Stay Tuned--The Potential Expanding Consequences of Noel Canning v. NLRB
If the Recess Appointments Clause of the U.S. Constitution is as limited as the U.S. Court of Appeals for the D.C. Circuit interprets it in Noel Canning v. NLRB, just how many presidential appointments--and how many federal agency actions--may be subject to a similar challenge? The answer may surprise those who thought Noel Canning only concerned National Labor Relations Board (NLRB) cases under the Obama administration.
In Noel Canning, a Division of the Noel Corporation v. National Labor Relations Board, Nos. 12-1115 & 12-1153, (D.C. Circ. Jan. 25, 2013), the U.S. Court of Appeals for the D.C. Circuit analyzed the context in which the Constitution included the Recess Appointments Clause and concluded that the Framers would not have intended to permit the President to avoid the checks and balances inherent in the advice and consent requirement by simply allowing him to appoint his desired nominees any time he pleases, but that the exercise of authority under the Recess Clause was limited to vacancies that "happened during the Recess." The D.C. Court of Appeals decision raises substantial questions of Constitutional law that has a profound impact on the separation of powers within the federal government, and will generate numerous questions for litigants as they evaluate the authority of the governmental agencies before which they appear.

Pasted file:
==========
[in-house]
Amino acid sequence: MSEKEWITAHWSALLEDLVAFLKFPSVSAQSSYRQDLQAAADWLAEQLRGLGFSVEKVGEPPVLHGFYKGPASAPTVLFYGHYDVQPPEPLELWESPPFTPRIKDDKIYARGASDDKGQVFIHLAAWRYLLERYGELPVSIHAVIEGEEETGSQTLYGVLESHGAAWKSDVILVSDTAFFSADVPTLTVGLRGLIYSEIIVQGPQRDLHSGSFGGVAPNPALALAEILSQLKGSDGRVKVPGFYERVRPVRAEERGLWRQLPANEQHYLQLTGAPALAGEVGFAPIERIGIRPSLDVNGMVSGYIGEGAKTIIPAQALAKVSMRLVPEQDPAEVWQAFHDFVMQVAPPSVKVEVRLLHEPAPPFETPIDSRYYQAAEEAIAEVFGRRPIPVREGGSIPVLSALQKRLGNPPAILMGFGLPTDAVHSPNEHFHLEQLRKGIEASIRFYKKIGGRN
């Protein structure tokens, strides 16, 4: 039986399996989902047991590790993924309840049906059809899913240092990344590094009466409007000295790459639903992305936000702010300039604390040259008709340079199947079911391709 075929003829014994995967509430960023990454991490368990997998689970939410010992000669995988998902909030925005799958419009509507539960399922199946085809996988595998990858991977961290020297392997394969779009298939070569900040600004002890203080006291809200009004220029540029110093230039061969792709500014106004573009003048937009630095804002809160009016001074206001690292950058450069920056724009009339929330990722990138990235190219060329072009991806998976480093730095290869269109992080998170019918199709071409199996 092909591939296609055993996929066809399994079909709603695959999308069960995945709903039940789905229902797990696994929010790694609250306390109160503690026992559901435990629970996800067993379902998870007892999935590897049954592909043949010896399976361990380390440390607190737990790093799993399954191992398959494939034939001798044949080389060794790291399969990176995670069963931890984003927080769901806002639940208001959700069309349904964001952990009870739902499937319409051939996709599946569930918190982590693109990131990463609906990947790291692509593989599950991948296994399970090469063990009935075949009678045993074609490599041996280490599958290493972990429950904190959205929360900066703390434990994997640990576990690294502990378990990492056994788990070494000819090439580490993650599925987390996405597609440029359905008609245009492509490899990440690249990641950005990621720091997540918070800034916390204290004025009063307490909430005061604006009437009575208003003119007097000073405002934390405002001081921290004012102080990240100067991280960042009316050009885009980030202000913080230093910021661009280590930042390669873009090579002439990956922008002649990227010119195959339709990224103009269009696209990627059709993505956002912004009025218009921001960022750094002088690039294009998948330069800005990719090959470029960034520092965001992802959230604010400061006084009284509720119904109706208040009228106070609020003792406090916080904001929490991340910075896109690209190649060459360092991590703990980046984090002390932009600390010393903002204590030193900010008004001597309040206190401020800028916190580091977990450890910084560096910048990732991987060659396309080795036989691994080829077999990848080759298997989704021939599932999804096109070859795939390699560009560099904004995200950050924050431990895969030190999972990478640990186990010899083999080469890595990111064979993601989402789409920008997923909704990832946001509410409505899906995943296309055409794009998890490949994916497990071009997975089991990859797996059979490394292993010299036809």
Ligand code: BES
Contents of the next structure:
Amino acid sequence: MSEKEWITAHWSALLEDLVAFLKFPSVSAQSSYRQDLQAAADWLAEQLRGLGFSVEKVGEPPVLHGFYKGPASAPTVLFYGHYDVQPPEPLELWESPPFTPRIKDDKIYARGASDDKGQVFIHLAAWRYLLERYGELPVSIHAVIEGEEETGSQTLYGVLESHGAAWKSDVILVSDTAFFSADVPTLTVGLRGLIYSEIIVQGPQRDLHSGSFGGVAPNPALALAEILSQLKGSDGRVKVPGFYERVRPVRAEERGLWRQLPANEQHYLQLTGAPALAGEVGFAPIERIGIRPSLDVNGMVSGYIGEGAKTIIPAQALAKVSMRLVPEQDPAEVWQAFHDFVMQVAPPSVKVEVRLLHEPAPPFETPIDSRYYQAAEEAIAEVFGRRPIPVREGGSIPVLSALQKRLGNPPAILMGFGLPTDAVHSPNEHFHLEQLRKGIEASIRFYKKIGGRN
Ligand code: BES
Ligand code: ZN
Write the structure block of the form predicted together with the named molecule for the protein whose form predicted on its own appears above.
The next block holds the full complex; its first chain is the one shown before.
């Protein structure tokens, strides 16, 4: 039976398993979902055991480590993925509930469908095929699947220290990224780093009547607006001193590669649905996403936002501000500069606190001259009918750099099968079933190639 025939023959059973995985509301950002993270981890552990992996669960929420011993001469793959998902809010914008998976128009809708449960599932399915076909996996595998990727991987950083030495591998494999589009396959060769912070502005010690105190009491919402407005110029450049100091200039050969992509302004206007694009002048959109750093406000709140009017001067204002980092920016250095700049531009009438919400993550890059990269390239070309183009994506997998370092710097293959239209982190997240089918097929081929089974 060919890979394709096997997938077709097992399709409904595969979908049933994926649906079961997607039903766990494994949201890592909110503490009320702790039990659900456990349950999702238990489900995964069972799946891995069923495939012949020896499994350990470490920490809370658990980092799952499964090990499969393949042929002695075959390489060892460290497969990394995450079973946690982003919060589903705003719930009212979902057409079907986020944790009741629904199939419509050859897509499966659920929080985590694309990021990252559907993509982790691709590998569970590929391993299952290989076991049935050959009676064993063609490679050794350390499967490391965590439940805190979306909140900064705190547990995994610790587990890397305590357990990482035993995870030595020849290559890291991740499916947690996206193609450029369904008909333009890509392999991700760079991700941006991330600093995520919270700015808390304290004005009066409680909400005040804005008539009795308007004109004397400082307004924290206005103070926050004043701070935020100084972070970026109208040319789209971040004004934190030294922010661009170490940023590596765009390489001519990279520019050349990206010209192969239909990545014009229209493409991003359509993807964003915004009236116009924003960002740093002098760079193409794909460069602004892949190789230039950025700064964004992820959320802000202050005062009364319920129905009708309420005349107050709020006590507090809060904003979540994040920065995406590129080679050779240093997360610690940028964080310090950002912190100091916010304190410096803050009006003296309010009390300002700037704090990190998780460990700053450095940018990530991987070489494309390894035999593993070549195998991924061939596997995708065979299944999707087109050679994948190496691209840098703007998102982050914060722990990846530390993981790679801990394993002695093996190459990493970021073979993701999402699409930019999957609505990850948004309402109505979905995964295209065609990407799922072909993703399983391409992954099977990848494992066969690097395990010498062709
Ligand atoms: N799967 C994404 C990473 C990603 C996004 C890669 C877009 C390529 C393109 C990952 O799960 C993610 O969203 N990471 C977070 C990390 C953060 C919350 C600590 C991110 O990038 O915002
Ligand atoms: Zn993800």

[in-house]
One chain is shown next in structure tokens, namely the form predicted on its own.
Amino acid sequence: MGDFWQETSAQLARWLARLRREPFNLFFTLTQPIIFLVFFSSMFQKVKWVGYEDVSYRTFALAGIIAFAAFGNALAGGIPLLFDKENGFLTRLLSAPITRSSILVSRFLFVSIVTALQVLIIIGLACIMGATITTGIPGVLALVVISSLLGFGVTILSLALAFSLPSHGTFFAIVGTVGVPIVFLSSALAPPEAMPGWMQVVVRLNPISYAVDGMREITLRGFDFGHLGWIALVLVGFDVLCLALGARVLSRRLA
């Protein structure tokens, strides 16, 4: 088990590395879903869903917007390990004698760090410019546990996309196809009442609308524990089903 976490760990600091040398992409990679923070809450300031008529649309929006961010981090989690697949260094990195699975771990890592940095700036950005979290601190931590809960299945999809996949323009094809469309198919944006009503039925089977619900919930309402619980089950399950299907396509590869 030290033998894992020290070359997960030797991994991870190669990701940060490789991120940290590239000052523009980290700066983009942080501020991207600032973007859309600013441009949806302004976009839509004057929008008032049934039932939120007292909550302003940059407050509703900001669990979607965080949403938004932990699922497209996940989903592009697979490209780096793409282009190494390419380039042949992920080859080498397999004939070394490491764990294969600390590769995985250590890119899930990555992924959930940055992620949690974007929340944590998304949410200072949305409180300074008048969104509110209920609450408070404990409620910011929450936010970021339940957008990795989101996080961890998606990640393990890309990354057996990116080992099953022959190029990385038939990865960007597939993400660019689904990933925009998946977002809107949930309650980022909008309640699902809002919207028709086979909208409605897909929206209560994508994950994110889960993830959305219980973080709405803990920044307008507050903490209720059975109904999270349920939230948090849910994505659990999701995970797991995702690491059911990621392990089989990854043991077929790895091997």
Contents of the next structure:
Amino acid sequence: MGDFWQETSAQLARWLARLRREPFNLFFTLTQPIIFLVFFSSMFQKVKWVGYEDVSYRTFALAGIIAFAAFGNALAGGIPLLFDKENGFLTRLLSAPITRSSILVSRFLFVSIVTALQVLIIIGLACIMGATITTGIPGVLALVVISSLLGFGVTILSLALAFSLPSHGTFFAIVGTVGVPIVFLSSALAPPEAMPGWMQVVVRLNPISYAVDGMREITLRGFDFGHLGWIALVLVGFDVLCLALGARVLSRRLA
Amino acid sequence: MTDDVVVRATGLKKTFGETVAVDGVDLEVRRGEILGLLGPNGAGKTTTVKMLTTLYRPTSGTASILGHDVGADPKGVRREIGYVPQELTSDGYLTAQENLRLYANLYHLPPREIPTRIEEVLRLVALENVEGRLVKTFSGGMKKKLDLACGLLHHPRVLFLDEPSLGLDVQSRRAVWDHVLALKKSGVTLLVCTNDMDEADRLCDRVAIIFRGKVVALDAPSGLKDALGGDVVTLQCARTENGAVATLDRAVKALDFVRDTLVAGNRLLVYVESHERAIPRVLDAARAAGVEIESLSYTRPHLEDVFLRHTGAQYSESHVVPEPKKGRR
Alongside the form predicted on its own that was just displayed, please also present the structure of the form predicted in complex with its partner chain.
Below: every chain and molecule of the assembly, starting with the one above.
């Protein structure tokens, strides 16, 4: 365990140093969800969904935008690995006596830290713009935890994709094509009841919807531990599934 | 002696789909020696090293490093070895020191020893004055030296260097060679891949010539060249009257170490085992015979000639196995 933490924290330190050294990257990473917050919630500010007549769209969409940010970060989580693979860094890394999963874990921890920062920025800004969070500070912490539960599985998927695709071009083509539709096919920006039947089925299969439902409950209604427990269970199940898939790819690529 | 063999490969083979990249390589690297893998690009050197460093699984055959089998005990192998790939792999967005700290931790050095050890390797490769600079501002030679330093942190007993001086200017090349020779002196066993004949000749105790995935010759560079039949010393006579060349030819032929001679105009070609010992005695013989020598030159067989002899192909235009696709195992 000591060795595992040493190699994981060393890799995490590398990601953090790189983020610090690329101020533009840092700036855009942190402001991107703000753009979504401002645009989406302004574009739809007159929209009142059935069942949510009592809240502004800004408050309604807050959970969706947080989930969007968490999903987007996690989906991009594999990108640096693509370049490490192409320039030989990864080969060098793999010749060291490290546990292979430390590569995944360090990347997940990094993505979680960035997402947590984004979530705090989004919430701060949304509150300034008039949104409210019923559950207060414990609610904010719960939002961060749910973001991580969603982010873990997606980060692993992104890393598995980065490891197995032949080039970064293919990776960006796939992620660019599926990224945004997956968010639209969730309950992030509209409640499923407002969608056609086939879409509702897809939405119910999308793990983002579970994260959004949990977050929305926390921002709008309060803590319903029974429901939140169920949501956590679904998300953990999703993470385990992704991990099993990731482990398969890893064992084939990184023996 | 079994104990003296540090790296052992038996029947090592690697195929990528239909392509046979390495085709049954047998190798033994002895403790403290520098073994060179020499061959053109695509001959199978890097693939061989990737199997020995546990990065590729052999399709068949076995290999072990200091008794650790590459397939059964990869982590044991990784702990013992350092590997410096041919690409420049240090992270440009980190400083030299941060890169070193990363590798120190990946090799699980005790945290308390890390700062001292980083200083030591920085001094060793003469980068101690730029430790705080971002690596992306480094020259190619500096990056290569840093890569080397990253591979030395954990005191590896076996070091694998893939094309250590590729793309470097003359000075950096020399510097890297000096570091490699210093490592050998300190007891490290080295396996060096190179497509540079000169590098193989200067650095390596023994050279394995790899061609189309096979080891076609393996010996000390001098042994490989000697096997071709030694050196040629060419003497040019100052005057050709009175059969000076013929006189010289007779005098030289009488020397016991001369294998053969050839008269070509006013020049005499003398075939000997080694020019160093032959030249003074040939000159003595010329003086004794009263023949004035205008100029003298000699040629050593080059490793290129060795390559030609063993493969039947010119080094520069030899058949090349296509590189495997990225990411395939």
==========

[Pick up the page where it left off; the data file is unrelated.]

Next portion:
The Court in Noel Canning held that President Obama's January 4, 2012 recess appointments of Sharon Block, Terence Flynn, and Richard Griffin to the NLRB constituted an invalid exercise of presidential power. Specifically, the Court found the appointments to be an impermissible use of the Recess Appointments Clause of the U.S. Constitution. What is most significant about this ruling is that, because the invalidated Board members cannot contribute to a quorum of the Board, and because the U.S. Supreme Court's 2010 decision in New Process Steel, LLP requires a proper quorum for Board actions, the underlying decision lacks authority as a matter of law. So, too, would all other decisions by this Board from January 4, 2012 to the present.
The Recess Appointments Clause provides that "[t]he President shall have Power to fill up all Vacancies that may happen during the Recess of the Senate, by granting Commissions which shall expire at the End of their next Session." The D.C. Circuit rested its holding that the NLRB appointees were invalid on two interpretations of the Recess Appointments Clause: